Preventing and Detecting Employee Fraud

March 09, 2021

Preventing and Detecting Employee Fraud

Synopsis
6 Minute Read

A recent report shows the median duration of a fraud scheme is 14 months. Early detection is therefore critical, as the speed of detection can have a significant impact on the overall fraud loss.

Insight
Insight Forensics

Employee Fraud Series

This article is from a four-part series offering valuable insights on managing fraud for businesses.  Each article is co-written by MNP’s Bailey Rivard and Breanne Campbell of SVR Lawyers.  

Part 1: Managing Corporate Risk when Employee Fraud is Suspected
Part 2: Mitigating the Company’s Risk After an Employee Fraud
Part 3: Collecting on a Loss Following an Employee Fraud
Part 4: Preventing and Detecting Employee Fraud


Article 4 of 4: Preventing and Detecting Employee Fraud

Whether or not a company has experienced an employee fraud, it is important that management and those charged with governance consider the risk of fraud for the organization and the appropriate measures to put in place to mitigate those risks. These measures will address both prevention and the timely detection of fraud to minimize any losses.

Companies that have endured employee fraud and experienced all of the steps outlined in our previous articles, will have a greater appreciation for the importance of an internal assessment. In those cases, management should consider how the fraud was perpetrated, the lapses in control that likely allowed it to happen, any red flags that would have allowed the fraud to be detected sooner, any other gaps in the control framework or culture of the organization that need to be addressed, and the steps required to reduce the risk of a similar situation happening again.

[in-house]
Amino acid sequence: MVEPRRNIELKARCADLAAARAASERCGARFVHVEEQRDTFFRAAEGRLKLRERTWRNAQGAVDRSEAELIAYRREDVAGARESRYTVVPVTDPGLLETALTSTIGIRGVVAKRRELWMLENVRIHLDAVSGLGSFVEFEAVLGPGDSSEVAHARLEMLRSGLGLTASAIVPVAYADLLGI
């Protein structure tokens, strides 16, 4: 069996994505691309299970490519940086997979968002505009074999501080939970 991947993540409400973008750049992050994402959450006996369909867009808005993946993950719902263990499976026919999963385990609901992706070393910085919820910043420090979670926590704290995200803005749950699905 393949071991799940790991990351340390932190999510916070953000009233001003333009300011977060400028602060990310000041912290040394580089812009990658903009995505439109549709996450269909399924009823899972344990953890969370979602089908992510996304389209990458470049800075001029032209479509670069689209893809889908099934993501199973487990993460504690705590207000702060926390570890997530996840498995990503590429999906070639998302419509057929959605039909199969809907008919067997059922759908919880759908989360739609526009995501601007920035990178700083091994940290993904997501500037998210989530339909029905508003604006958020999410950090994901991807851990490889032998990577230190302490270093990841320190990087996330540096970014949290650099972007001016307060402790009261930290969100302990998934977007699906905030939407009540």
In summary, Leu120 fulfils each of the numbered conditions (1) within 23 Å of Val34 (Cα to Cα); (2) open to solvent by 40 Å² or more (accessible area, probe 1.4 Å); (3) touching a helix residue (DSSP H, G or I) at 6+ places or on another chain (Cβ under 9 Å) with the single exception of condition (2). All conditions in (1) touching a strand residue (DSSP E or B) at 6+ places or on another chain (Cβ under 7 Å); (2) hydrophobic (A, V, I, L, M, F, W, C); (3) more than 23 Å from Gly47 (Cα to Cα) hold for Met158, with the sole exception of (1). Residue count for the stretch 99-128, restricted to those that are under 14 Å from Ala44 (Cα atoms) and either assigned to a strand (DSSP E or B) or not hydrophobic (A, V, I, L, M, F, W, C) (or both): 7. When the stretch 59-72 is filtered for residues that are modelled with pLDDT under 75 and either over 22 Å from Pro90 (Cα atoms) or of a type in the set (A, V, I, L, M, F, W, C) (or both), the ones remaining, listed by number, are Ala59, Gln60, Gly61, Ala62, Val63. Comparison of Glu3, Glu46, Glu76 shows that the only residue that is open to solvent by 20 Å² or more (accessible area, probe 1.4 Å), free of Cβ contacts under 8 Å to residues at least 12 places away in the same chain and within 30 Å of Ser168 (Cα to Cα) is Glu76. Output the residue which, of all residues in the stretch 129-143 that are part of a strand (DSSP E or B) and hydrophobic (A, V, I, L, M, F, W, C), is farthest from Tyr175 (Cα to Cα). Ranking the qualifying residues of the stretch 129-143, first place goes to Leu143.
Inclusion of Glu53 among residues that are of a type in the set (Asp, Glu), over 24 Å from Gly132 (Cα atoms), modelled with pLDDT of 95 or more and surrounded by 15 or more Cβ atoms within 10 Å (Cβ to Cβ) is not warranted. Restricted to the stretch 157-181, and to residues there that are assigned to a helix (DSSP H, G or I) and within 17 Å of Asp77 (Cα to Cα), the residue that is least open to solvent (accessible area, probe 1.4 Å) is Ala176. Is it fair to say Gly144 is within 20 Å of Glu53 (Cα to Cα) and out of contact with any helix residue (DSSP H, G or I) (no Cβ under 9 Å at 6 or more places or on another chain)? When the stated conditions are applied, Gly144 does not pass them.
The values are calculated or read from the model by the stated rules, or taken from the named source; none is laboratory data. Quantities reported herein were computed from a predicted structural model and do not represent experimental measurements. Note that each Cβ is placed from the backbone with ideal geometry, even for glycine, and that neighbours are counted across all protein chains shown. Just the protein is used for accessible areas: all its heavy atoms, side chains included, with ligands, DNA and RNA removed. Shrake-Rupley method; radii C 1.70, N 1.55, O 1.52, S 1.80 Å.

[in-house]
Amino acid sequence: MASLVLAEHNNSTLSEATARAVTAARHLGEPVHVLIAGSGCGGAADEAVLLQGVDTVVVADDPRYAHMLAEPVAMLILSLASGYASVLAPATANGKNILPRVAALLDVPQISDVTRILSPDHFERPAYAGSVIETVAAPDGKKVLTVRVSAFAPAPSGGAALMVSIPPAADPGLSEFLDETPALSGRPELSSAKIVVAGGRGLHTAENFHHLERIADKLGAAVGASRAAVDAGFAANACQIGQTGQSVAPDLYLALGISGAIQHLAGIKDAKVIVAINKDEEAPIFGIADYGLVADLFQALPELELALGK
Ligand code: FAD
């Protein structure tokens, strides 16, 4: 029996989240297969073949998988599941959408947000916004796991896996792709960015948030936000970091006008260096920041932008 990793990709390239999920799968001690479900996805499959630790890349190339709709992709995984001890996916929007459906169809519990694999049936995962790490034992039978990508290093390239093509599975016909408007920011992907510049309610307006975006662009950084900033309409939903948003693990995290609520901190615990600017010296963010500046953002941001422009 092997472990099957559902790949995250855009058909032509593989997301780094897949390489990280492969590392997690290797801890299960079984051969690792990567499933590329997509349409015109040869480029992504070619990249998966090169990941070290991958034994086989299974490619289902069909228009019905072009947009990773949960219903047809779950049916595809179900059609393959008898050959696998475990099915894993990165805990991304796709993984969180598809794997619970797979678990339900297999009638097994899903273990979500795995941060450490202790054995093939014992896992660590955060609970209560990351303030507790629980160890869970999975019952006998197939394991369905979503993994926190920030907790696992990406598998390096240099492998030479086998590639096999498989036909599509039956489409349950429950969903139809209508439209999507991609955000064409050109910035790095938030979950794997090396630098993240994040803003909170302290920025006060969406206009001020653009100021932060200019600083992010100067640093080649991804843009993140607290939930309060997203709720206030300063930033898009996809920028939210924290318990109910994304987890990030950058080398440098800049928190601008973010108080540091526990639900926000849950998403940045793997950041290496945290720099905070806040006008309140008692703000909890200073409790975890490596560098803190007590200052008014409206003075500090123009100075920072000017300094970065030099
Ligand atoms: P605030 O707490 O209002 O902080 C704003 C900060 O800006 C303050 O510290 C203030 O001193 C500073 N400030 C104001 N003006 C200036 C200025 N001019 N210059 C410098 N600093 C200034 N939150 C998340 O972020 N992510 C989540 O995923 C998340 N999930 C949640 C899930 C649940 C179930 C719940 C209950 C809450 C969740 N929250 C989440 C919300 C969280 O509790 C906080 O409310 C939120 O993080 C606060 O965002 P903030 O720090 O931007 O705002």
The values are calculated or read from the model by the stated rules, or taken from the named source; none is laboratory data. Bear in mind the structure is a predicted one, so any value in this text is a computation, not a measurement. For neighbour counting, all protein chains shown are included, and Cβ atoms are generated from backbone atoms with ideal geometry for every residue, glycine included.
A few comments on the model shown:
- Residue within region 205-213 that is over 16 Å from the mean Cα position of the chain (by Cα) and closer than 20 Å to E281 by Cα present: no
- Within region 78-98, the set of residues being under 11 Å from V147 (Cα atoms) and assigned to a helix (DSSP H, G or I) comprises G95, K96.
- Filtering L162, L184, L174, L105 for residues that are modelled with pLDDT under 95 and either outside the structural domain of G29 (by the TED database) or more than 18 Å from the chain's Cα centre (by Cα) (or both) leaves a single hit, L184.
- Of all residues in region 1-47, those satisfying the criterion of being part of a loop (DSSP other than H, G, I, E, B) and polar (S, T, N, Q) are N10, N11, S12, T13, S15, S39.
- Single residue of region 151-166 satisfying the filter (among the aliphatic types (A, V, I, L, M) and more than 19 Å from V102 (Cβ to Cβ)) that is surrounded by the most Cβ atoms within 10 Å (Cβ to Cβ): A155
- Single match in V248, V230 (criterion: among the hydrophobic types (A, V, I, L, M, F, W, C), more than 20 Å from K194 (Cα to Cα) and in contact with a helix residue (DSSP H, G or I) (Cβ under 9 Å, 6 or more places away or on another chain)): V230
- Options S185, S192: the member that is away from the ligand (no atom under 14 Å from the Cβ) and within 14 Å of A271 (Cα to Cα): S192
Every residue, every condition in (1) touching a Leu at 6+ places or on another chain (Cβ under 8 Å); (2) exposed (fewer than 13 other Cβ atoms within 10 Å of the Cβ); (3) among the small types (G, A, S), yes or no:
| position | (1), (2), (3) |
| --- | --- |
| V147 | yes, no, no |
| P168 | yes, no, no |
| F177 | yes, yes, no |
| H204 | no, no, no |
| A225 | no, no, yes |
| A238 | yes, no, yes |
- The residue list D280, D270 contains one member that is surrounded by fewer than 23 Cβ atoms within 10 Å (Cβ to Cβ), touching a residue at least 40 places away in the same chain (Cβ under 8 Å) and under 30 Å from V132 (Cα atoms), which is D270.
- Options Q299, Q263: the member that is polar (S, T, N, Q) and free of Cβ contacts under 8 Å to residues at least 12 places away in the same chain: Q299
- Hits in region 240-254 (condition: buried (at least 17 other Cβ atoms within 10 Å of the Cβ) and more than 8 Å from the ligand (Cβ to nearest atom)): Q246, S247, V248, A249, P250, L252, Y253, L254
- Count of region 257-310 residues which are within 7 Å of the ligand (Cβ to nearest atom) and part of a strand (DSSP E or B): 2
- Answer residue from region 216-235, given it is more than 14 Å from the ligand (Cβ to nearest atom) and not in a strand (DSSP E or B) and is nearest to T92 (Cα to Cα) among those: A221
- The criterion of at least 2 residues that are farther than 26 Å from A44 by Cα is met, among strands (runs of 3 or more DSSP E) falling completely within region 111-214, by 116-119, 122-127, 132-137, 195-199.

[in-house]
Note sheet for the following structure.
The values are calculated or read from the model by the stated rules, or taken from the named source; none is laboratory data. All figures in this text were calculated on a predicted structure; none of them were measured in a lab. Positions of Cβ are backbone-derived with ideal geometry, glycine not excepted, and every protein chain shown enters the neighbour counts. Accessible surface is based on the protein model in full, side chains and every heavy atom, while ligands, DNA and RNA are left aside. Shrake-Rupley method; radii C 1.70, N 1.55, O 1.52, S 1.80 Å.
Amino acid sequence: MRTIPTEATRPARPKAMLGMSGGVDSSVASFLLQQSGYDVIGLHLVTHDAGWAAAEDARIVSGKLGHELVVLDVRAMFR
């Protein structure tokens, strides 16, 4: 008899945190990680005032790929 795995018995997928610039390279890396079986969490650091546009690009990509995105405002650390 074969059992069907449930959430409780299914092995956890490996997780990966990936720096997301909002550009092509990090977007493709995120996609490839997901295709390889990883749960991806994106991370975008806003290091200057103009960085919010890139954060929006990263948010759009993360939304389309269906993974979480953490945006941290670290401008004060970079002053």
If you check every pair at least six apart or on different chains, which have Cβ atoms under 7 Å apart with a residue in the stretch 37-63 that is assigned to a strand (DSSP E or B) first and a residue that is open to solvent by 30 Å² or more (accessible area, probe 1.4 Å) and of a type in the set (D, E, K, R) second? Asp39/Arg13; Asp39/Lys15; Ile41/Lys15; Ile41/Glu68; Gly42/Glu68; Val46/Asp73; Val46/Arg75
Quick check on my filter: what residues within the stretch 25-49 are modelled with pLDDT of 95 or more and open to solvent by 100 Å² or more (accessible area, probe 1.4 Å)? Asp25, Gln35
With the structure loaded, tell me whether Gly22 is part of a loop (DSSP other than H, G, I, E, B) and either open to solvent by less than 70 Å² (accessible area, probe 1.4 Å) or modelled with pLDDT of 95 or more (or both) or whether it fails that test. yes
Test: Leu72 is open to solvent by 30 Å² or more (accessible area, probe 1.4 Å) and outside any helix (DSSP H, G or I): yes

A recent report[1] shows the median duration of a fraud scheme is 14 months. Early detection is therefore critical, as the speed of detection can have a significant impact on the overall fraud loss.

The following are some key areas to consider in evaluating your company’s fraud prevention and detection strategy.

Internal Controls and Risk Assessment